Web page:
Is It Bad Enough Yet? Yes, It Is

“Is It Bad Enough Yet?” That’s a wonderful title for an article by Mark Bittman about where we are today:

The police killing unarmed civilians. Horrifying income inequality. Rotting infrastructure and an unsafe “safety net.” An inability to respond to climate, public health and environmental threats. An occasionally dysfunctional and even cruel government. A sizable segment of the population excluded from work and subject to near-random incarceration.

You get it: This is the United States, which, with the incoming Congress, might actually get worse….

The root of the anger is inequality, about which statistics are mind-boggling: From 2009 to 2012 (that’s the most recent data), some 95 percent of new income has gone to the top 1 percent…

Everything affects everything. It’s all tied together, and the starting place hardly matters: A just and righteous system will have a positive impact on everything we care about, just as an unjust, exploitative system makes everything worse….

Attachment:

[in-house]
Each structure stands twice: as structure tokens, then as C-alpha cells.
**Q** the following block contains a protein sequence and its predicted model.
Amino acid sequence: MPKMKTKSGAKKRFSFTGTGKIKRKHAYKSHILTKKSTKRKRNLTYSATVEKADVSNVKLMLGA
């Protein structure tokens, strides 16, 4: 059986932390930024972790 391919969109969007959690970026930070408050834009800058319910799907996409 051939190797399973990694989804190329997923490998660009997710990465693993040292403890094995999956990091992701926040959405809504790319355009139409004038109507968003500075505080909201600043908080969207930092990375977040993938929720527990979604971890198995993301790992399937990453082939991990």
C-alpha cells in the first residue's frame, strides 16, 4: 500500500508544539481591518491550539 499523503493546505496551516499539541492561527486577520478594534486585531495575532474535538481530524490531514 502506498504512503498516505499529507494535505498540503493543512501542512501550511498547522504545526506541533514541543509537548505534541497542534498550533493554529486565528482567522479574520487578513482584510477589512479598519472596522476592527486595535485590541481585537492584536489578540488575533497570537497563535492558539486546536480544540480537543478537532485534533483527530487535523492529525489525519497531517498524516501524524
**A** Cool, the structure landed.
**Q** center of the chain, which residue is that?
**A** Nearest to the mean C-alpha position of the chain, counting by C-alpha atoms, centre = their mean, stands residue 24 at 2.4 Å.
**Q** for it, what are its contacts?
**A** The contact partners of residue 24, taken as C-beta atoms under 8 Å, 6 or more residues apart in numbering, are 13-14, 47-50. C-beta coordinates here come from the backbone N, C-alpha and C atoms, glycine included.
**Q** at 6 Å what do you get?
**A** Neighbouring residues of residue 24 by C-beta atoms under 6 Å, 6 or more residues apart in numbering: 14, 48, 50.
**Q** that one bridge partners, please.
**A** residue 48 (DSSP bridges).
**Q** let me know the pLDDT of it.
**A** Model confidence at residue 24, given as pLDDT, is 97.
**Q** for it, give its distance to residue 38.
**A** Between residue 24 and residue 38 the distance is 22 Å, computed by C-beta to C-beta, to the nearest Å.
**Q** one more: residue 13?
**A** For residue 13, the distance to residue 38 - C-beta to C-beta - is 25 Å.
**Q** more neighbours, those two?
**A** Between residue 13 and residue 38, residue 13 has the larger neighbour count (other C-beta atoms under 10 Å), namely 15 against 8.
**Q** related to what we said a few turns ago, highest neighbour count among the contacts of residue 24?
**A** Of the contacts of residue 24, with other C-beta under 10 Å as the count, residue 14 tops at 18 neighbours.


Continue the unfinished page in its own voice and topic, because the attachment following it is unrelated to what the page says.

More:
When underpaid workers begin their strikes by saying “I can’t breathe,” or by holding their hands over their heads and chanting “Hands up, don’t shoot,” they’re recognizing that their struggle is the same as that of African-Americans demanding dignity, respect and indeed safety on their own streets….

Increasingly, it seems, there’s an appetite and even unity to take on the billionaire class. Let’s recognize that if we are seeing positive change now, it’s in part because elected officials respond to pressure, and let’s remember that that pressure must be maintained no matter who is in office. Even if Bernie Sanders were to become president, the need for pressure would continue.

“True citizenship,” says [Saru Jayaraman of U.C. Berkeley]— echoing Jefferson — “is people continually protesting.” Precisely.

So warmest congratulations to the fast food workers and Walmart employees demanding a living wage and to the thousands who have marched or stood silently in protest because black lives matter. It’s all connected.

And enough is enough. That’s what Senator Elizabeth Warren said this week. Listen to her talk about Citigroup’s stranglehold on the Federal government and why we need to break up the biggest banks. It’s only 10 minutes and it’s worth watching and sharing.